By the end of the year, emissions from industrial activities and the burning of fossil fuels will pump an estimated 36.8 billion metric tons of carbon dioxide into the atmosphere. And total carbon emissions from all human activities, including agriculture and land use, will likely cap off at about 43.1 billion tons.

The estimates were released last night in a new report from the Global Carbon Project, an international research consortium dedicated to tracking the world’s greenhouse gas emissions.

The findings—along with recommendations for reversing the growth in global carbon output—were presented in three separate papers published in various journals. They’ll also be shown today at this year’s United Nations climate talks in Madrid.

There is some good news. The authors expect a substantial slowdown in worldwide fossil fuels emissions for this year. Emissions from coal, oil and natural gas expanded by about 2% globally in 2018. For all of 2019, they predict an expansion of just 0.6%.

Part of the slowdown can be attributed to declines in coal use in the U.S. and much of Europe, and lower-than-expected growth from other key coal consumers this year.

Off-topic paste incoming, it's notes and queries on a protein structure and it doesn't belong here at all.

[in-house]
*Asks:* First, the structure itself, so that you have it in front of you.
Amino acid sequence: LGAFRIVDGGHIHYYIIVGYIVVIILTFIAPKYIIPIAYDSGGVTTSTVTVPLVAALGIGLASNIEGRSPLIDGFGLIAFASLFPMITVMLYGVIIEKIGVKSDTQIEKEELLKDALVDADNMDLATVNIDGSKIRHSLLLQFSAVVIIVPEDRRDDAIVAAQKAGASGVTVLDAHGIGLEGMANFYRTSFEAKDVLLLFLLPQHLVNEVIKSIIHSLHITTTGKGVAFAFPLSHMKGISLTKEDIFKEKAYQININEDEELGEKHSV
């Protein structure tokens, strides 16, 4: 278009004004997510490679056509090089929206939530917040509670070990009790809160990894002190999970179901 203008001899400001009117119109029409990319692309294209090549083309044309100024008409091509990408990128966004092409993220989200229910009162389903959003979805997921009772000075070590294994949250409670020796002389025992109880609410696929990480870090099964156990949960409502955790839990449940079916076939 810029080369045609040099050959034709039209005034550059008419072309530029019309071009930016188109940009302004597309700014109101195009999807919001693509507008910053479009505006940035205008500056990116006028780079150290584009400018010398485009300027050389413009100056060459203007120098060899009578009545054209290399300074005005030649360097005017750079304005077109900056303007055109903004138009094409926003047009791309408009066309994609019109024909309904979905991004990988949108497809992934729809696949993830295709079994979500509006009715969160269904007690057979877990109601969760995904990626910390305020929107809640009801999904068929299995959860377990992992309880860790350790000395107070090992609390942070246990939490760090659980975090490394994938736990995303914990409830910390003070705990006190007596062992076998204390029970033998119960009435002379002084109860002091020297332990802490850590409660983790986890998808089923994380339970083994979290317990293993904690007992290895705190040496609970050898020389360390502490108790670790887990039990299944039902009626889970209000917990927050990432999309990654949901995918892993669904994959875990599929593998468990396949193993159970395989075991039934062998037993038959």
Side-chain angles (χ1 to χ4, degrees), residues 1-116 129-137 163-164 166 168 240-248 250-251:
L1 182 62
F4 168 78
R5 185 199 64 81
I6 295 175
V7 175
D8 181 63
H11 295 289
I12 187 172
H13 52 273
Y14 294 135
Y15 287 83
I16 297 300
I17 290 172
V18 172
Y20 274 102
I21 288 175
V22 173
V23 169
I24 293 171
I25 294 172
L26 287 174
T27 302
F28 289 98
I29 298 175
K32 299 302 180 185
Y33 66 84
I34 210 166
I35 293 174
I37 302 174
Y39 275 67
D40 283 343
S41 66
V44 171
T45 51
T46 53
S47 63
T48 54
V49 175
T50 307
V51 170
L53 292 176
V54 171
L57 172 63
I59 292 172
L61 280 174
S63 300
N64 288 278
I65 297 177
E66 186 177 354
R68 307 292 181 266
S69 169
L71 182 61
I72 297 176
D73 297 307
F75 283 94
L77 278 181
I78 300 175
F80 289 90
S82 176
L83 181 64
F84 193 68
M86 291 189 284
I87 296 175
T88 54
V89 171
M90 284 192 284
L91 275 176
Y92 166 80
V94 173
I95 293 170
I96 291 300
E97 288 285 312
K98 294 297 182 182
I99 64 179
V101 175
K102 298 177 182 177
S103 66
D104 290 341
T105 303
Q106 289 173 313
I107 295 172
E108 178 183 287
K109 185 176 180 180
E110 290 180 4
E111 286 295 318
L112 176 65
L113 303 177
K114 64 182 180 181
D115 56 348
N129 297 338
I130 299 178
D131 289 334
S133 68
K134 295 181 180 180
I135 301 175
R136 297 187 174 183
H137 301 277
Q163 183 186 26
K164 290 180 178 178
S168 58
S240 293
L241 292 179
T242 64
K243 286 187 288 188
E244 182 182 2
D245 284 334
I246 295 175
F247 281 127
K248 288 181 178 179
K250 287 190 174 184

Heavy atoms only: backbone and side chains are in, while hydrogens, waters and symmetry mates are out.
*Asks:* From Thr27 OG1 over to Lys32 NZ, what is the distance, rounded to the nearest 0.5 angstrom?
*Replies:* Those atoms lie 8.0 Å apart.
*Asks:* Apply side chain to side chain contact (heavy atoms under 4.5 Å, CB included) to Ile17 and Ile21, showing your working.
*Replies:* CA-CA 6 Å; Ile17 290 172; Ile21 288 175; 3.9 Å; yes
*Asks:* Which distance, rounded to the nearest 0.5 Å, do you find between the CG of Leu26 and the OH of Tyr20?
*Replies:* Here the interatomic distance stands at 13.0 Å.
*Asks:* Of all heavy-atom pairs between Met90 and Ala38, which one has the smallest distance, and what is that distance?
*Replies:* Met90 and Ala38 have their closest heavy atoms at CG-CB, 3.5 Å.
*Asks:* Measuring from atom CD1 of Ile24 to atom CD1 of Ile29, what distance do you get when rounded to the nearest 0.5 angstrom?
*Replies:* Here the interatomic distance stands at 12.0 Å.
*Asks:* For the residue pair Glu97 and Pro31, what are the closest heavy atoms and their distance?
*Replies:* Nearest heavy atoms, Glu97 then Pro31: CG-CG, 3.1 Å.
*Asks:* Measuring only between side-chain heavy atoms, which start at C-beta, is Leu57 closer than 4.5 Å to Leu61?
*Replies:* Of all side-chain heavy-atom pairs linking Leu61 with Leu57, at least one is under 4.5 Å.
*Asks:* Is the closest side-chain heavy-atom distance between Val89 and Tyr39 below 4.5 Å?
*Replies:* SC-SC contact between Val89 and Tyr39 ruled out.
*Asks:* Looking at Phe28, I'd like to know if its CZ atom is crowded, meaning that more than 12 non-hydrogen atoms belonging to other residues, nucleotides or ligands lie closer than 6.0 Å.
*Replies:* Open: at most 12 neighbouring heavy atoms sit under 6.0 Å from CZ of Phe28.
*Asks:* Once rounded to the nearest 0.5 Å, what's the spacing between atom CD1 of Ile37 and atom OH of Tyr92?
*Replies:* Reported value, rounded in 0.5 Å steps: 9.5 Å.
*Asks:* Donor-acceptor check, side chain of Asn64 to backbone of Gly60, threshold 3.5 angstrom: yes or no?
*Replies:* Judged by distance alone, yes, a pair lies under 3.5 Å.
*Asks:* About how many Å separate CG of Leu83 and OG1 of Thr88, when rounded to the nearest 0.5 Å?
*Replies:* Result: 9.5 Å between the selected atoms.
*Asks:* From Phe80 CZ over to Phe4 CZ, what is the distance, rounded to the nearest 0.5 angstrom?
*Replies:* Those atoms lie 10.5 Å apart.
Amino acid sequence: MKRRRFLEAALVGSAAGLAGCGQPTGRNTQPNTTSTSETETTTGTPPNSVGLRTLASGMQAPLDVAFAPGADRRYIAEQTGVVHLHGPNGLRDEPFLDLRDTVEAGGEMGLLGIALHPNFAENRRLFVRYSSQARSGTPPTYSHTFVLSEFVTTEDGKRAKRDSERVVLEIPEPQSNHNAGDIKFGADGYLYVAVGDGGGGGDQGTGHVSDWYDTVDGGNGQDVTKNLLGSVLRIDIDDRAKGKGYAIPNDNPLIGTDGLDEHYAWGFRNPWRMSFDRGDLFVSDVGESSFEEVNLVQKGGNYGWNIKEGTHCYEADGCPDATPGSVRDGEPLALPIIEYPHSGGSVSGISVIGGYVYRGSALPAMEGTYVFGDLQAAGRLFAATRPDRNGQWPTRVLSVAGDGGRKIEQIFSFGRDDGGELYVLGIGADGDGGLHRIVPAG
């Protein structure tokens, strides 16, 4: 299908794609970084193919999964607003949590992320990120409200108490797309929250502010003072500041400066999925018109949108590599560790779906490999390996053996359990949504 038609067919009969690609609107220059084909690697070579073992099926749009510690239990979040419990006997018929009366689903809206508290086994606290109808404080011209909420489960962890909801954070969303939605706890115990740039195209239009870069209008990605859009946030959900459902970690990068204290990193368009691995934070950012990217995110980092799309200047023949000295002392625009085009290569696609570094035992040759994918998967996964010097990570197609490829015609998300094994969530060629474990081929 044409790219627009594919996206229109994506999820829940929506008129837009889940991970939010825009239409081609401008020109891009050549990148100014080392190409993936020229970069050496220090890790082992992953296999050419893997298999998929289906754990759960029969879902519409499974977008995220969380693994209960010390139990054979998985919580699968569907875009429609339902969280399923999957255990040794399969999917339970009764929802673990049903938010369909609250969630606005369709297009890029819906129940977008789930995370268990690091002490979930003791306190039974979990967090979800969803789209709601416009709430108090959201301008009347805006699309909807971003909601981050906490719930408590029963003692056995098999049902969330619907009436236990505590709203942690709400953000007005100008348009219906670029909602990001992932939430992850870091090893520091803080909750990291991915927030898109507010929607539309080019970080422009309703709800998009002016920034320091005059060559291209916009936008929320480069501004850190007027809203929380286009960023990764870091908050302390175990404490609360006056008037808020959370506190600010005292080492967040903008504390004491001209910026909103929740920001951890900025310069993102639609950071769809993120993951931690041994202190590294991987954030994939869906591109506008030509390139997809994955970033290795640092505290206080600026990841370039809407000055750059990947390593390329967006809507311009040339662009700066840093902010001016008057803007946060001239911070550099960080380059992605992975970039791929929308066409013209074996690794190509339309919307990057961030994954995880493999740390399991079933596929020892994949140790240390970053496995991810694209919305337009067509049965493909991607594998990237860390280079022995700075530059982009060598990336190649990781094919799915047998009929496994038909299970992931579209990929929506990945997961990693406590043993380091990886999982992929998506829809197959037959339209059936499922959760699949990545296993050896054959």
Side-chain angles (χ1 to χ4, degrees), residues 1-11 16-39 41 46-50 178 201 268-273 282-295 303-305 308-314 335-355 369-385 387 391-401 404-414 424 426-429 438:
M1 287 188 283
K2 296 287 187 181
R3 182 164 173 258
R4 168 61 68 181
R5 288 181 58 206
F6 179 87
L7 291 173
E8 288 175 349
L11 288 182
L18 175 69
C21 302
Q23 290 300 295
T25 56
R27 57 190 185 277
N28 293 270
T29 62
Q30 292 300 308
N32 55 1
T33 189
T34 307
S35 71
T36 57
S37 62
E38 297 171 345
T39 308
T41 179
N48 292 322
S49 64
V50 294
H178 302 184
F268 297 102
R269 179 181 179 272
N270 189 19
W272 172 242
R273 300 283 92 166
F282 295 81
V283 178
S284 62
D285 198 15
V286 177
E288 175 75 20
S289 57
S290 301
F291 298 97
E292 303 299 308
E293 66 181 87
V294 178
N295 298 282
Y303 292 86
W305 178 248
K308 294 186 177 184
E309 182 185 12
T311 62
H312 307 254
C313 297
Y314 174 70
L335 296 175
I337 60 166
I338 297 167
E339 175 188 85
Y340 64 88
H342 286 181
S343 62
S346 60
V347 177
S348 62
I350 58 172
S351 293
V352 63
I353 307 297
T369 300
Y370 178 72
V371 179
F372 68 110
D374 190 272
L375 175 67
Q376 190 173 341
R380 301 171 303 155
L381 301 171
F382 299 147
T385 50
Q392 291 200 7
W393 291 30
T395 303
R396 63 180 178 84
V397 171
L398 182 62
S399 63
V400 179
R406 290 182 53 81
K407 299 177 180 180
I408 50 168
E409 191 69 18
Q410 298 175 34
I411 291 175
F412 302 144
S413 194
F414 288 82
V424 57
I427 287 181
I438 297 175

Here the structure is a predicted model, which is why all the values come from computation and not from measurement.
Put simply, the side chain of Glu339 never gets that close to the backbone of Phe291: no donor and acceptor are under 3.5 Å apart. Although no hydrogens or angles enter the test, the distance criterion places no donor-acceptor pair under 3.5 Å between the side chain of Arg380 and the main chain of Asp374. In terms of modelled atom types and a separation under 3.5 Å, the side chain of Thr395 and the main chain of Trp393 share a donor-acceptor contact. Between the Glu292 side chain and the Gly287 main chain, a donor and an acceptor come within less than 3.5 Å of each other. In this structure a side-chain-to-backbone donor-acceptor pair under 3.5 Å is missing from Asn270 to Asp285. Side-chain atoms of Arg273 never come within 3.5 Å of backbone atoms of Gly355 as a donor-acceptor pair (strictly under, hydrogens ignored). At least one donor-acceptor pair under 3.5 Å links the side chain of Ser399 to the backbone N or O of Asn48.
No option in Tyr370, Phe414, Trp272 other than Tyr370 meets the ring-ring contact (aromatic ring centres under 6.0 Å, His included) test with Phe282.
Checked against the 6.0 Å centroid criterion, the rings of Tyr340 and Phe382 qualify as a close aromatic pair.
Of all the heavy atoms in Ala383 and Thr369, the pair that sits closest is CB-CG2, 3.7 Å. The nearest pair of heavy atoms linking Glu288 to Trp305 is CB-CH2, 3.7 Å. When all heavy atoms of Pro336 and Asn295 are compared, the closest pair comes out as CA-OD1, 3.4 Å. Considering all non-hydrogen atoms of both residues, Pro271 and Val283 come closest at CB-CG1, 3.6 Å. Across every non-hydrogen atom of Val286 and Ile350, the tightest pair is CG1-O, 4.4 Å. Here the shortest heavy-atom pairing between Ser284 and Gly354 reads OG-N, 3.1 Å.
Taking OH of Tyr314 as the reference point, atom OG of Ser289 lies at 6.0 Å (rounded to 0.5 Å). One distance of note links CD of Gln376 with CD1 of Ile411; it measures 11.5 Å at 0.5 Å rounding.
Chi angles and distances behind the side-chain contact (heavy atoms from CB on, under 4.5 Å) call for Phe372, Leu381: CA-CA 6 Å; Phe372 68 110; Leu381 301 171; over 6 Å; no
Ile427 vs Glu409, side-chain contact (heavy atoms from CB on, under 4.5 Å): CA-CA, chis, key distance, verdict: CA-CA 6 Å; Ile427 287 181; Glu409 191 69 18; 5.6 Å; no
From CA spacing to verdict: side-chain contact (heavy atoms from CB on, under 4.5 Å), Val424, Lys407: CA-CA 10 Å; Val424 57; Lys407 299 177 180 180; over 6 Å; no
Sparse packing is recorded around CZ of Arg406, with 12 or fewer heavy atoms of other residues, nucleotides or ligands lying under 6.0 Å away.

“We’re estimating a decline of 10% this year” for the U.S., said the Global Carbon Project’s executive director, Pep Canadell, “well above previous decline levels.”

The European Union will have registered coal emission declines along the same lines as the United States by year’s end, said Canadell, while India and China both showed strong increases, though less rapidly than in the past.

The Global Carbon Project’s estimate of a 0.6% increase in the world’s fossil fuel emissions for 2019 represents a “preliminary” estimate, he said, “but this is about a third of the growth rates we’ve seen of the previous years, so it is actually a quite significant slowdown.”

Still, it’s too early to tell if the slowing will continue in the long term. Other recent short-term trends have sparked temporary optimism, only to quickly reverse themselves.

Between 2014 and 2016, global carbon emissions remained mostly flat, raising hopes the world’s carbon output may have peaked for good. But emissions began to rise again in 2017 and have continued growing through this year.